MARION — Jaime Printy graduated from the University of Iowa and joined the medical field.
That lasted about four months.
“It wasn’t my cup of tea,” said Printy, 23, who was without basketball for the first time in her life. “It felt like something was really missing, and I needed to see if there was anything I could do to stay in the game.”
There was, once her high school coach sent her a text — “I hear somebody wants to coach.”
“I had heard that Jaime was getting itchy to get back in the gym,” said Linn-Mar girls’ coach Michael Brandt. “She’s such a people person anyway, so this was bound to be a great fit.”
Printy is back home now, living with her parents while planning an August wedding. And she’s back in her comfort zone, on the basketball court as a varsity assistant coach.
Through her youth, through her high school and college years, her path has followed that of her older brother, Jordan Printy.
He’s back at Linn-Mar, too, assisting boys’ coach Chris Robertson.
“I’m enjoying it a lot,” said Jordan, 25, in his second year next to Robertson on the boys’ bench and as a history teacher at the high school. “I feel really fortunate to have been able to come back here and coach.
“Chris and I remained close when I was in college, so it made sense to come back.”
Both of the elder two Printy kids (younger sister Jenna is a high school sophomore and involved in dance) made a deep mark on Linn-Mar basketball as players.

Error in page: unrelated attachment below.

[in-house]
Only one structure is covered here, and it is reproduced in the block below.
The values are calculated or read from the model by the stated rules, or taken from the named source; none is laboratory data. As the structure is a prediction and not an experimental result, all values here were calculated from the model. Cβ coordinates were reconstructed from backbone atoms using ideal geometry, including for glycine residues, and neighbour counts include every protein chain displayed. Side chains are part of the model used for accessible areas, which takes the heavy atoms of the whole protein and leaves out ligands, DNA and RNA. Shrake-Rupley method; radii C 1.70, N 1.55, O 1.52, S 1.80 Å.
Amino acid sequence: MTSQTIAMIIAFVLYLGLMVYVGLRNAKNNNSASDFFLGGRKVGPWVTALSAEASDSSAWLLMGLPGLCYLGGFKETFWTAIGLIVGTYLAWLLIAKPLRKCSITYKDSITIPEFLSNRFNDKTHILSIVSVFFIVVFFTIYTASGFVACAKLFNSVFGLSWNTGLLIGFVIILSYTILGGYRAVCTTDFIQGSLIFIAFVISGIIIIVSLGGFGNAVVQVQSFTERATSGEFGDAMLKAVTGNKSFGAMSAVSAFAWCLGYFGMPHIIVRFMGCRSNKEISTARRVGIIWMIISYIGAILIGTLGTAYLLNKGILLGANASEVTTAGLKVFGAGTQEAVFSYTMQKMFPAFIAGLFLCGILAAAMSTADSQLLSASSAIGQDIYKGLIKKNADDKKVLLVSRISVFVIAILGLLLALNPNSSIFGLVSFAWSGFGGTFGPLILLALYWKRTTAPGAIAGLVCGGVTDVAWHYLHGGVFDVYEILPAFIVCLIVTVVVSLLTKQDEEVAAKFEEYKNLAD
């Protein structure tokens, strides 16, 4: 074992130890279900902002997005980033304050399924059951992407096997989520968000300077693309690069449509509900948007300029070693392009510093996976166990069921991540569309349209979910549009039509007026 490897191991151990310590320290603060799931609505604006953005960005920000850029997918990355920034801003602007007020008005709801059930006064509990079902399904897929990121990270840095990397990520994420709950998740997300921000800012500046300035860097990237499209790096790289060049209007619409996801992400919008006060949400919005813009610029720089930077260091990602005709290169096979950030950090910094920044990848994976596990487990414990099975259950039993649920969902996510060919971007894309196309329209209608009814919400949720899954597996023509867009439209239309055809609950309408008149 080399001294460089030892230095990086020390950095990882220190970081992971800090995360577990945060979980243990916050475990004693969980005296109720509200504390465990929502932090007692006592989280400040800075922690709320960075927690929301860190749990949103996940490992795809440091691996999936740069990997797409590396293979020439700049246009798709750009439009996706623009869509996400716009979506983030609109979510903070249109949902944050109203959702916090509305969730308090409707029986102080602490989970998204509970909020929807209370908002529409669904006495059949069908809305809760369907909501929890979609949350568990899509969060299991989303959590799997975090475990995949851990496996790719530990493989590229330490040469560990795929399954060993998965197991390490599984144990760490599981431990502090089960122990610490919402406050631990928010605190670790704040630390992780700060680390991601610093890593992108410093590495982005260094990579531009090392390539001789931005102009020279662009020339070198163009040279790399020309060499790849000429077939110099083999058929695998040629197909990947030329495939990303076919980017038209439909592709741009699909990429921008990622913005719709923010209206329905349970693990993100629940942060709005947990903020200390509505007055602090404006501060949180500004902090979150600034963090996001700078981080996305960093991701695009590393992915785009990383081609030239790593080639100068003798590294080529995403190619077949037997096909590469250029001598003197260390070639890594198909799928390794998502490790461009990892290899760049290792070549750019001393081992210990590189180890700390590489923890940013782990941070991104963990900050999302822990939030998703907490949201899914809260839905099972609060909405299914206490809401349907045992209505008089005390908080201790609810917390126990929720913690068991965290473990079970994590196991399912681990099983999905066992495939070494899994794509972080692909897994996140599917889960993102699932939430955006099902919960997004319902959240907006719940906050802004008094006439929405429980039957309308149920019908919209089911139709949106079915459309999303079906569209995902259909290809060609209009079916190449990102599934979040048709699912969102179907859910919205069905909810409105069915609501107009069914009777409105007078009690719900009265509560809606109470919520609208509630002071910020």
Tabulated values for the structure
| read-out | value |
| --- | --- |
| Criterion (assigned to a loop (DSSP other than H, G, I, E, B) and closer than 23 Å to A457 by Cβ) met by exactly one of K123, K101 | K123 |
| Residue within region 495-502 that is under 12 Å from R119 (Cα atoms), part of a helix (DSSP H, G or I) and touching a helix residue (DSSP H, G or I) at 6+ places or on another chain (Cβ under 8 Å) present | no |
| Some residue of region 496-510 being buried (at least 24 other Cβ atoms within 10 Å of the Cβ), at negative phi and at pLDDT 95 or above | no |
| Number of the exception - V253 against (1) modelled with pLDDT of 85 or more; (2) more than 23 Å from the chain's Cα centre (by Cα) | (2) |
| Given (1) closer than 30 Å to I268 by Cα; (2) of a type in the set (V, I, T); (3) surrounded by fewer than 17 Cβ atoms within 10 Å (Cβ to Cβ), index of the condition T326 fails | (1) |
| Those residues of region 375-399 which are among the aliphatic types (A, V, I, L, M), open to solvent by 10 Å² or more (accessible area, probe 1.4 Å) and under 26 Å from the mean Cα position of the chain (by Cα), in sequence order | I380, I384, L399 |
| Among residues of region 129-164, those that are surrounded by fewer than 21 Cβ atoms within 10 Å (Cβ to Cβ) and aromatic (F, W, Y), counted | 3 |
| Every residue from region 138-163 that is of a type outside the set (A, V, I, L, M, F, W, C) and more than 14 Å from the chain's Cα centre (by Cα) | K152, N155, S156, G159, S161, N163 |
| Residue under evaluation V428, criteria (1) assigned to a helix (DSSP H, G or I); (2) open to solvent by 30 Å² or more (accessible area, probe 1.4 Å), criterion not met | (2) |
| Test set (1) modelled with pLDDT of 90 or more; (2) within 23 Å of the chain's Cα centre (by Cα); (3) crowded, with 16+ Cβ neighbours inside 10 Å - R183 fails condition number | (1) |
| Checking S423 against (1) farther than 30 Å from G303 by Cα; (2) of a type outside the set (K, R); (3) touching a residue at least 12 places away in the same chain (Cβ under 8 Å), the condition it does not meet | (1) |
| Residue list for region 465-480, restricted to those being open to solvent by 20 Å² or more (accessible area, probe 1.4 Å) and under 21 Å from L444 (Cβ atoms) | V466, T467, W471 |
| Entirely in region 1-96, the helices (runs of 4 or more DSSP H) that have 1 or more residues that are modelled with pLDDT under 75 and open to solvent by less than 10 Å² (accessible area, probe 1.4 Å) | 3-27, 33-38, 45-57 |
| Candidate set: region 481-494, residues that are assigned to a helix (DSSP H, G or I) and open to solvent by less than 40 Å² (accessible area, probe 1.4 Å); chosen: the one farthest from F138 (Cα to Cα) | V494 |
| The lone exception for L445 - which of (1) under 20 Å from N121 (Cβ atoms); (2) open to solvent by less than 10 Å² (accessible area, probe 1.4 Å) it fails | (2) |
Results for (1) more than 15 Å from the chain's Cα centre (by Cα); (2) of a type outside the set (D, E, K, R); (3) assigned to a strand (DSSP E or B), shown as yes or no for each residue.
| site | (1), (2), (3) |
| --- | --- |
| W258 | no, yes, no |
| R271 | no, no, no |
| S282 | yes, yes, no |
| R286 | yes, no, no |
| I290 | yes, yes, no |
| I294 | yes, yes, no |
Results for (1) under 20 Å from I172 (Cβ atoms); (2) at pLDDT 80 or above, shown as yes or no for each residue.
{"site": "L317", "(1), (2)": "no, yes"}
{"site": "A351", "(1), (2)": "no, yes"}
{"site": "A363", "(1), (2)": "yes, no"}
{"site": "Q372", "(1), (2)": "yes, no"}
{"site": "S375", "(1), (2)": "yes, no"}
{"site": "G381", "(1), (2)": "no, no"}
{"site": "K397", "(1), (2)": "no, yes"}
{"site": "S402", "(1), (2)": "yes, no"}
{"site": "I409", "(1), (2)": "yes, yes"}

Jordan scored 1,007 career points and was the all-tournament captain when the Lions won the 2007 state championship. Jaime didn’t get to the top, but finished with 1,391 career points.
In 2011, the Printys were the lone brother-sister tandem to play in the NCAA tournament in the same year — Jordan at Indiana State, Jaime with the Hawkeyes.
“We’re really close, and a lot of our relationship revolves around basketball,” Jaime said.
Jaime exited Iowa as the school’s third-leading scorer (1,841 points) and second-leading 3-point shooter (252). But her left knee, which she injured as a sophomore in high school and reinjured as a junior in college, prevented her from playing beyond college.
Her injuries had given Jaime a head start in seeing the game from the bench.
“I basically used her as an assistant her sophomore year here,” Brandt said. “Bringing her back as part of our staff, it’s a perfect fit. She has shown us some sets they used for her as a shooter at Iowa. And for the girls to have a role model who been through it all, it’s a great thing.”
Jordan works with the perimeter players for the boys’ team and assists in scouting.
“He’s fantastic,” Robertson said. “He’s been in the program and was very successful here. As a college player, he played at a high level and brings in a lot of good ideas.
“He’s a guy that the players trust and can relate to. Even though he’s a pretty quiet guy, he’s passionate about the sport and is able to share his thoughts.”
Jordan said he’d like to be a head coach somewhere someday, but isn’t in a rush.
“I think when you get into coaching, that’s always a goal,” he said. “But for now, I’m not getting ahead of myself. I’m glad to be helping out here.”